About Us
We are now teaching at Briones Horse Center, a full service boarding and training facility located at the entrance to beautiful Briones Regional Park. Only minutes from Lamorinda, Walnut Creek, Pleasant Hill, Concord, Martinez, Pinole, El Sobrante and Richmond, we are also convenient to San Francisco, the East Bay and North Bay (Alameda, Contra Costa and Solano).

In addition to a family friendly atmosphere, Briones Horse Center boasts the following amenities:

•Covered and lighted riding arena
•Tack rooms and tie rails
•Indoor wash racks
•Round pen
•Turnout paddocks
•Access to miles of trails
Rancho Saguaro
Now at Briones Horse Center
2525 Reliez Vly Rd.
Martinez, CA 94553
About Us
You won’t hear Dad on the sidelines yelling “Get the Ball! Run!” But there’s a competitive sport going on just the same. You might hear a trainer quietly coaching, reminding her student to check his lead, or to keep her shoulders back, or to use more left rein. What you’re watching is horseback riding. It’s a sport where boys and girls are on equal footing, so to speak. And when done correctly, it is great physical exercise.
Now you’re probably saying, “I’ve gone horseback riding, and it’s not that difficult.” Well, these kids aren’t just going for a ride, they’re getting exercise, developing strength in their legs, arms and torsos, as well as coordination. And make no mistake, this is a team sport. You have to be in sync with your partner (the horse, of course) if you want to succeed.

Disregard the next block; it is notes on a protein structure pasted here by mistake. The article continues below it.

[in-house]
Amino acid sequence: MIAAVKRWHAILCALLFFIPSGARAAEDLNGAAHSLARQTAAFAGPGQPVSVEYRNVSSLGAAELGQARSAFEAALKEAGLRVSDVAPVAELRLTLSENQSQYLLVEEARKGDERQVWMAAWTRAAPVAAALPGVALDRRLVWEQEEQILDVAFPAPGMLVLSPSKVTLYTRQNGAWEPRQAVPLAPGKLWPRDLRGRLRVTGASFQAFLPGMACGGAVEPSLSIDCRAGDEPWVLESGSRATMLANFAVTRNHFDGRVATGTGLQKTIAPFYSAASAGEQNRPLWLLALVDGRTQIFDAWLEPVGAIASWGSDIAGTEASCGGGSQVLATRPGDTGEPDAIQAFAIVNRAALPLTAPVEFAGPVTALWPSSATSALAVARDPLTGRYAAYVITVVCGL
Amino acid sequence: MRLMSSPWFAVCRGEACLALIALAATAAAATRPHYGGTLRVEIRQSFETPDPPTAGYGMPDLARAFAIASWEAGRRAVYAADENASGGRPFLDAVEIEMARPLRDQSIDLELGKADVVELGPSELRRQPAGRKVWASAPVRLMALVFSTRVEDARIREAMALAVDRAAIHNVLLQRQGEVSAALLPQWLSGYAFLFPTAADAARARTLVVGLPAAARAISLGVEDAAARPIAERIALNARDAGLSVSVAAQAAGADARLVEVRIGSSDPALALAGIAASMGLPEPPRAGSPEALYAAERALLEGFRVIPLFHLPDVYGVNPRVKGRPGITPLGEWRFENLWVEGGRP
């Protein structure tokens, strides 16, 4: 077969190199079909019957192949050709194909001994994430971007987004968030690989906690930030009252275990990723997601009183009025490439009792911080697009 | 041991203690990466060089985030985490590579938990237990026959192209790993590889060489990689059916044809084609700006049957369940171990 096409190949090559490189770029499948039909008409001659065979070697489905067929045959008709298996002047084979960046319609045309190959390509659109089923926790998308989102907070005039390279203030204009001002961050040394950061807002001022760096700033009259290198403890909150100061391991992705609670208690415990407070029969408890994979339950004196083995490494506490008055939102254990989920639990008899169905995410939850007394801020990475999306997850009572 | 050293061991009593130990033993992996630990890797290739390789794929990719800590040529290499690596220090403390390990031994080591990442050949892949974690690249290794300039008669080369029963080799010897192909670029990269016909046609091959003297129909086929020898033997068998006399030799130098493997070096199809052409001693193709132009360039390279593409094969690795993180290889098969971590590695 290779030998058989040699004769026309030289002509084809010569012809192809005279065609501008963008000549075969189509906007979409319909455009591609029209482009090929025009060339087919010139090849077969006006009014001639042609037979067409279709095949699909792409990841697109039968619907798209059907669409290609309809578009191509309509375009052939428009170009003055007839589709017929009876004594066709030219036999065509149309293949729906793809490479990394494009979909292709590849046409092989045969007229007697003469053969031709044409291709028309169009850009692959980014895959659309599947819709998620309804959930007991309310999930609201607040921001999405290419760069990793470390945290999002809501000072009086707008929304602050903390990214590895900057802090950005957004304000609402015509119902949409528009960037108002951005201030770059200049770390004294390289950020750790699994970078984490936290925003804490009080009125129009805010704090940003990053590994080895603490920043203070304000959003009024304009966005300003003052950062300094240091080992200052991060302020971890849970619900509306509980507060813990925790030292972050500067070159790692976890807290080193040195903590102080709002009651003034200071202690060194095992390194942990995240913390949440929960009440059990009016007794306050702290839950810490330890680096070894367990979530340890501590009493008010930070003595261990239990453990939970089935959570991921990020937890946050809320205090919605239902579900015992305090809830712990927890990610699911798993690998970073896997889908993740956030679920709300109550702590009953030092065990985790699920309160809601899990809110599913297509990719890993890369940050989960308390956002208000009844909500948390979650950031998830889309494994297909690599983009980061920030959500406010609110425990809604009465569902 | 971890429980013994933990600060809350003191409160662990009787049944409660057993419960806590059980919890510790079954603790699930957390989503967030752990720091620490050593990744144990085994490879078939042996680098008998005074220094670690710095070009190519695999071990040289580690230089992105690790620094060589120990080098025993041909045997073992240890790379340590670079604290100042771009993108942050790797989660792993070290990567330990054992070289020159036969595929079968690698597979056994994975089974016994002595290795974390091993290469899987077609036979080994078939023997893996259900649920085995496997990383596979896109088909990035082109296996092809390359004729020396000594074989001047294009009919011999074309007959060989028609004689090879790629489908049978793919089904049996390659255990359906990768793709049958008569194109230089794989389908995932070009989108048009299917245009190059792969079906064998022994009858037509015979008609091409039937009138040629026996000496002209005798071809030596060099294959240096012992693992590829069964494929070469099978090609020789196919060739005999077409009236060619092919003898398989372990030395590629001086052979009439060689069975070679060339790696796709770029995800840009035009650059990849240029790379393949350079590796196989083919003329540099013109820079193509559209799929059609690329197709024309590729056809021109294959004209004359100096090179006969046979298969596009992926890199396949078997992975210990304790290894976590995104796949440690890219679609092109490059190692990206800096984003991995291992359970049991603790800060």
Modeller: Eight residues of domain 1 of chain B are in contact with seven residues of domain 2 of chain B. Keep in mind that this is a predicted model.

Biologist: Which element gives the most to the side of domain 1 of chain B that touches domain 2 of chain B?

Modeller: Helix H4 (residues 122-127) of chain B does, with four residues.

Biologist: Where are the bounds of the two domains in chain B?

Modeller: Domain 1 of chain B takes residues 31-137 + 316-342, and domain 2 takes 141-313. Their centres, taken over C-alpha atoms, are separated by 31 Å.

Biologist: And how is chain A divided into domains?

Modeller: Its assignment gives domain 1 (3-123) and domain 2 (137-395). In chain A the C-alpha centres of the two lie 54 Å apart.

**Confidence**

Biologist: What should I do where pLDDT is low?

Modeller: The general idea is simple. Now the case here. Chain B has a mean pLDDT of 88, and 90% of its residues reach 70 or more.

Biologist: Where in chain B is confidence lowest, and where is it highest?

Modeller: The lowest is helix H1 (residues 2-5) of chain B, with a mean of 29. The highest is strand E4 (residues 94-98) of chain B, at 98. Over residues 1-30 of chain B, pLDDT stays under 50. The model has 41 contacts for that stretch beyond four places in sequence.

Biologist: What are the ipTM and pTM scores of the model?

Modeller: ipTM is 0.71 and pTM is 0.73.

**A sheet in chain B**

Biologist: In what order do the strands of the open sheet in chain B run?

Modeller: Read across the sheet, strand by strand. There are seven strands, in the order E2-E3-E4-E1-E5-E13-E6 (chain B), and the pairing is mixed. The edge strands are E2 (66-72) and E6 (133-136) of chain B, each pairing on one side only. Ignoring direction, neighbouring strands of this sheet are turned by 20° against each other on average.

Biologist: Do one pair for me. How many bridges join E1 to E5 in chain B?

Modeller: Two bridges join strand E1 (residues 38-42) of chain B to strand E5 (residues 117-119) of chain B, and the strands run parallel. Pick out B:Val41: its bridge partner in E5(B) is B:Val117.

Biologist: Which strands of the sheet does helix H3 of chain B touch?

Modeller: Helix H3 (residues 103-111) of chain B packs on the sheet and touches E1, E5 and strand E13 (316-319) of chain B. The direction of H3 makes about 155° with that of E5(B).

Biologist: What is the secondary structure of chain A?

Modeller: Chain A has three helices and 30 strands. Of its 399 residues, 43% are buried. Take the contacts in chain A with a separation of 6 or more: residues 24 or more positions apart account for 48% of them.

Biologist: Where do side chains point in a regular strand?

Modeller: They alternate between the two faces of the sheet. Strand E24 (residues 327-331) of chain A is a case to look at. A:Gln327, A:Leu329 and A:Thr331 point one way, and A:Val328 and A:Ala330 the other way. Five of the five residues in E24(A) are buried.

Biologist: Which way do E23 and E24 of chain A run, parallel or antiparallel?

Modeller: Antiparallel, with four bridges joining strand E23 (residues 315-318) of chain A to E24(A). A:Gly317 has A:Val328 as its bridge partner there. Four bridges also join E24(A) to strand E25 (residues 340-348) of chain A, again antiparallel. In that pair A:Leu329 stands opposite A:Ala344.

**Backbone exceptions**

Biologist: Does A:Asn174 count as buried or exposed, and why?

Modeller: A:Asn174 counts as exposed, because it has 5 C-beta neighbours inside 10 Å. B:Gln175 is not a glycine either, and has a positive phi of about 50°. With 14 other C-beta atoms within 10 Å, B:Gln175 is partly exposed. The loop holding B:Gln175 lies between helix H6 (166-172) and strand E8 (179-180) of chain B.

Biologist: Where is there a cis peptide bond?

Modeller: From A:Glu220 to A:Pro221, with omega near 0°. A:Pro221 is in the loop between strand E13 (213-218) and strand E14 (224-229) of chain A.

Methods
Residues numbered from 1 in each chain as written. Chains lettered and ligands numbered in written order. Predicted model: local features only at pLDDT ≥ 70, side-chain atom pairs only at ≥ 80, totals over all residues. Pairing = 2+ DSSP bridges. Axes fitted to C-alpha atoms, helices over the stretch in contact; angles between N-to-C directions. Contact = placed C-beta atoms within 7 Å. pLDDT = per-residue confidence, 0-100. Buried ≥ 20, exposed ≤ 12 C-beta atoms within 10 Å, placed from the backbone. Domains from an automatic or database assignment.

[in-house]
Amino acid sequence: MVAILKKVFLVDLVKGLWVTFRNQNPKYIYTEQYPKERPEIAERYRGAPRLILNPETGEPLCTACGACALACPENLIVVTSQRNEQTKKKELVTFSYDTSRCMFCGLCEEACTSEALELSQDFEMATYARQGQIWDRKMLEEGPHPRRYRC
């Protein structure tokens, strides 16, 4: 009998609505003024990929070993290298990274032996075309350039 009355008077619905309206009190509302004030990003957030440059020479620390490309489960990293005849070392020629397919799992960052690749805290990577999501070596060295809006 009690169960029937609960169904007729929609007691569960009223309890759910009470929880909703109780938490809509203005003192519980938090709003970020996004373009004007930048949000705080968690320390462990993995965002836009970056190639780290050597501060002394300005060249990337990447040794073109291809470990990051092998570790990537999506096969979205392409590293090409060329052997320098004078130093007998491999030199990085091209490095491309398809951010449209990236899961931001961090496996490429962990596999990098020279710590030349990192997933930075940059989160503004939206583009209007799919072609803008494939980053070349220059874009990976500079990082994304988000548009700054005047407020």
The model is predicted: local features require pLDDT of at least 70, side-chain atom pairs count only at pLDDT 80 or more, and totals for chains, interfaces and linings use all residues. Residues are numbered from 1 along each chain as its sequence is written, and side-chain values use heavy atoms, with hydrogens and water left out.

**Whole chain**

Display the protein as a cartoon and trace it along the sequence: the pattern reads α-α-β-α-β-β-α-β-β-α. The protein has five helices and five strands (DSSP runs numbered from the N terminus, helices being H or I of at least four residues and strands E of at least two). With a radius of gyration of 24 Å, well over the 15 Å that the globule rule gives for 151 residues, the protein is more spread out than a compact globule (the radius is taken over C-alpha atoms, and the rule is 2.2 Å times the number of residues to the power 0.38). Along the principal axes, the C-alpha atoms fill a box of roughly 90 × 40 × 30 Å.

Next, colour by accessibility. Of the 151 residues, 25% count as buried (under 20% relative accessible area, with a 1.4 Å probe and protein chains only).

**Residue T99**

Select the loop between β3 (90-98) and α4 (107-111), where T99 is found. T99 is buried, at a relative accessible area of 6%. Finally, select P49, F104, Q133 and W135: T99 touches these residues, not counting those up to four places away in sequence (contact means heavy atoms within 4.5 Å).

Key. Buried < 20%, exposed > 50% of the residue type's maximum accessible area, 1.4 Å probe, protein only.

In fact, many children who don’t do well in traditional team sports (football, soccer, etc.) have excelled at riding. Perhaps that’s because they can progress at their own pace, without pressure or humiliation. Many home schooling families use riding as their P.E. requirement. Others have opted out of public school P.E. in favor of riding, and some states even have high school equestrian teams. Colleges, too, have intercollegiate riding teams, and recently riding has become a NCAA sport at a few universities. It is the only sport where men and women regularly compete against each other.
What about different riding styles? “We use English tack for several reasons,” explains Laura McEvoy of Rancho Saguaro in Martinez. “The saddles are lighter and less bulky, easier for small children to carry, so kids quickly learn the responsibility of tacking their own lesson horses. And the English discipline is more versatile, giving them many options for growth. At the beginning stages, the basics of controlling the horse are very much the same, so a student can easily switch to a different discipline, such as western pleasure, if he or she so chooses.” She should know. As a lifelong rider, and having spent thirty years as a professional trainer, Laura has been involved in just about every facet of the horse world. “I’ve focused on jumping because I find it both physically and mentally challenging. And it’s a lot of fun!” she adds.